The town has two railway stations.
Nuneaton railway station near the town centre is an important railway junction, served by the West Coast Main Line running from London to the North West, the cross-country Birmingham to Peterborough Line and by a line to Coventry via Bedworth. A new railway station at Bermuda Park has recently been opened south of the town centre on the line towards Coventry, as part of the NUCKLE (Nuneaton, Coventry, Kenilworth, and Leamington) rail upgrade scheme.
The Coventry Canal passes through the town.
The main operators for buses in Nuneaton are Stagecoach in Warwickshire and Travel de Courcey.
Nuneaton has two non-league football teams: Nuneaton Town (nicknamed "the Boro") who play in the National League North and Nuneaton Griff who play in the Midland Football League Division One. Sunday League football is played in the town, with teams from Nuneaton, Bedworth and North Warwickshire competing in the Nuneaton & District Sunday Football League (NDSFL).
There are three rugby union clubs: Nuneaton R.F.C. (nicknamed "the Nuns"), who play in National 3 Midlands, Nuneaton Old Edwardians of Midlands 2 West (South) division and Manor Park of the Midlands 4 West (South) league.
The town is also the location of Nuneaton Bowling club, where flat green bowls is played.
There are three main leisure centres in the town owned by Nuneaton and Bedworth Borough Council and managed by Everyone Active on the council's behalf (after a competitive tender process):Pingles Leisure Centre – The Pingles is the main leisure centre in Nuneaton. It was rebuilt in 2004 to replace the original Pingles that was built in 1965. The new Pingles includes an indoor and outdoor swimming areas, a dance studio and gym. The Pingles also has an associated athletics stadium, the Pingles Stadium, which was built in 2004. The Pingles Stadium has a 250-seater stand, a running track and athletics facilities. The stadium also has a football pitch which is used by Nuneaton Griff for their home matches.
Jubilee Sports Centre – The Jubilee Sports Centre is a sports hall. The hall is used for various sports including badminton, five-a-side football/indoor football and basketball. The Jubilee also has a scoreboard, used for major basketball and indoor football matches. The hall can be hired out for uses such as karate lessons.
Etone Sports Centre – Etone Sports Centre is another sports hall. Etone sports hall also has astroturf football pitches which are used also for hockey. The centre is in the grounds of the school which bears the same name, Etone School, but 'Everyone Active' maintains the building.
Nuneaton has a museum and art gallery in the grounds of Riversley Park adjacent to the town centre.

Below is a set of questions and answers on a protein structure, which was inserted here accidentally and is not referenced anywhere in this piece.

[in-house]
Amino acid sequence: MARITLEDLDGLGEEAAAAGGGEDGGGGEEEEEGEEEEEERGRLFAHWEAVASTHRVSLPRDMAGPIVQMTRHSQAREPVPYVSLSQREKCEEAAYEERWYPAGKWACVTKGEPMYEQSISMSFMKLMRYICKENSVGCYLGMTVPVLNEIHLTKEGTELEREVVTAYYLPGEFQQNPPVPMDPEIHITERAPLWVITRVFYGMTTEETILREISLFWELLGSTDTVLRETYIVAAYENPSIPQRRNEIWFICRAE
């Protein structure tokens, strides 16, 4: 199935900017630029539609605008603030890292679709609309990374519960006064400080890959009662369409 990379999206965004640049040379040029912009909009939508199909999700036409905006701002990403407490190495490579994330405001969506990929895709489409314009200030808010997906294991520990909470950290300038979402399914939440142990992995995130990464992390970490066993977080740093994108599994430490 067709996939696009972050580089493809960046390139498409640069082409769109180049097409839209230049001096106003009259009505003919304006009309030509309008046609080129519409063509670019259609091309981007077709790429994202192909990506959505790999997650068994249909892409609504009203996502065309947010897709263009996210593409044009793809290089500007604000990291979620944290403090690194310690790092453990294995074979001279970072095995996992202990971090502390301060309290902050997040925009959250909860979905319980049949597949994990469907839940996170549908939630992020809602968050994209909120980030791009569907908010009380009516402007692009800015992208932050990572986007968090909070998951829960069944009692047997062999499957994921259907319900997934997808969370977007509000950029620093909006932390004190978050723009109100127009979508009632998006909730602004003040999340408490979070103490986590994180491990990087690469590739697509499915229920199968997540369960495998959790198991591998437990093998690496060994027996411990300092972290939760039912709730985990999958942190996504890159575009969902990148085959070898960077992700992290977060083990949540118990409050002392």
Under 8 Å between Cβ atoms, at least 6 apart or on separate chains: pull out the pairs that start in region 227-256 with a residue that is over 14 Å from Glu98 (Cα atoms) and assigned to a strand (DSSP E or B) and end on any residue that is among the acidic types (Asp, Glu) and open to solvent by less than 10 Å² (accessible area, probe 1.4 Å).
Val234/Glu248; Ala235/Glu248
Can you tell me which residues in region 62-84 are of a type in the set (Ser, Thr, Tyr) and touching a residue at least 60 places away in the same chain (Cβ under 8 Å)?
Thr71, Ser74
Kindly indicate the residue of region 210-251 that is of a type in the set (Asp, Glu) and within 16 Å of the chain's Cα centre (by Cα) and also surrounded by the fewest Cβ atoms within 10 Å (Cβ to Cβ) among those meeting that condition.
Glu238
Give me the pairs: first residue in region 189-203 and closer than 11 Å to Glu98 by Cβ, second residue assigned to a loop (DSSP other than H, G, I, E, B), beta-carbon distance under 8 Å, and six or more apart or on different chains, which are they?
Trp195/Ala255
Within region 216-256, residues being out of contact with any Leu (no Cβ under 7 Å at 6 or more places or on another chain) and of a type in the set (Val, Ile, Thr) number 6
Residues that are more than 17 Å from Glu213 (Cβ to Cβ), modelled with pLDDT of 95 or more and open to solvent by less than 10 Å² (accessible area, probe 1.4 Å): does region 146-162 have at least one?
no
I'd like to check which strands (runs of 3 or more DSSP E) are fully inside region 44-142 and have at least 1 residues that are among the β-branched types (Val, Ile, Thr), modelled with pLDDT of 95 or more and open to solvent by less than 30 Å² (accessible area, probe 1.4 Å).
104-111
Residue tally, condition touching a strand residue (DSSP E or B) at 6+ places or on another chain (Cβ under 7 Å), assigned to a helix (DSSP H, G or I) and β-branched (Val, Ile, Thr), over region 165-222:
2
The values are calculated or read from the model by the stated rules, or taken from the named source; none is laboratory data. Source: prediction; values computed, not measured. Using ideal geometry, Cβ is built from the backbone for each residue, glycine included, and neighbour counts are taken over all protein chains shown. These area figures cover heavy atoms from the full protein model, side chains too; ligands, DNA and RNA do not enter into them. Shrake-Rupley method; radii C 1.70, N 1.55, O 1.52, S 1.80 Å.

The Abbey Theatre is Nuneaton's only theatre and hosts a wide variety of performances including visiting opera and ballet companies, touring shows, musicals, pantomime and drama.
Despite there having been many in the town historically, Nuneaton now has one theatre. Run solely by volunteers, the Abbey Theatre seats 250 plus space for wheelchair patrons.
Nuneaton annually enters the Britain in Bloom competition and in 2000, Nuneaton and Bedworth was a national finalist. It is the location of Nuneaton Carnival, the largest carnival in Warwickshire, which takes place every June.
Nuneaton was home to the smallest independent newspaper in Britain (the Heartland Evening News) until it was purchased in 2006 by life News & Media.
Nuneaton has a museum and art gallery within the grounds of Riversley Park. The museum includes a display on George Eliot. Eliot's family home Griff House is now a restaurant and hotel on the A444.
Public art in Nuneaton includes a statue of George Eliot on Newdegate Square, and the Gold Belt.Abbey CE Infant School (ages 4–7)
All Saints' CE Primary School (ages 4–11)
Camp Hill Primary School (ages 4–11)
Chetwynd Junior School (ages 7–11)
Chilvers Coton Community Infant School (ages 4–7)
Croft Junior School (ages 7–11)
Galley Common Infant School (ages 4–7)
Glendale Infant School (ages 4–7)
Michael Drayton Junior School (in nearby Hartshill; ages 7–11)
Middlemarch Junior School (ages 7–11)
Milby Primary School (ages 4–11)
Milverton House School (independent; ages 0–11)
Nathaniel Newton Infant School (in nearby Hartshill; ages 4–7)
Oak Wood Primary School (special school; ages 4–11)
Our Lady of the Angels Catholic Infant School (ages 4–7)
Park Lane Primary School (ages 4–11)
Queen's CE Junior School (ages 7–11)
St Anne's Catholic Primary School (ages 4–11)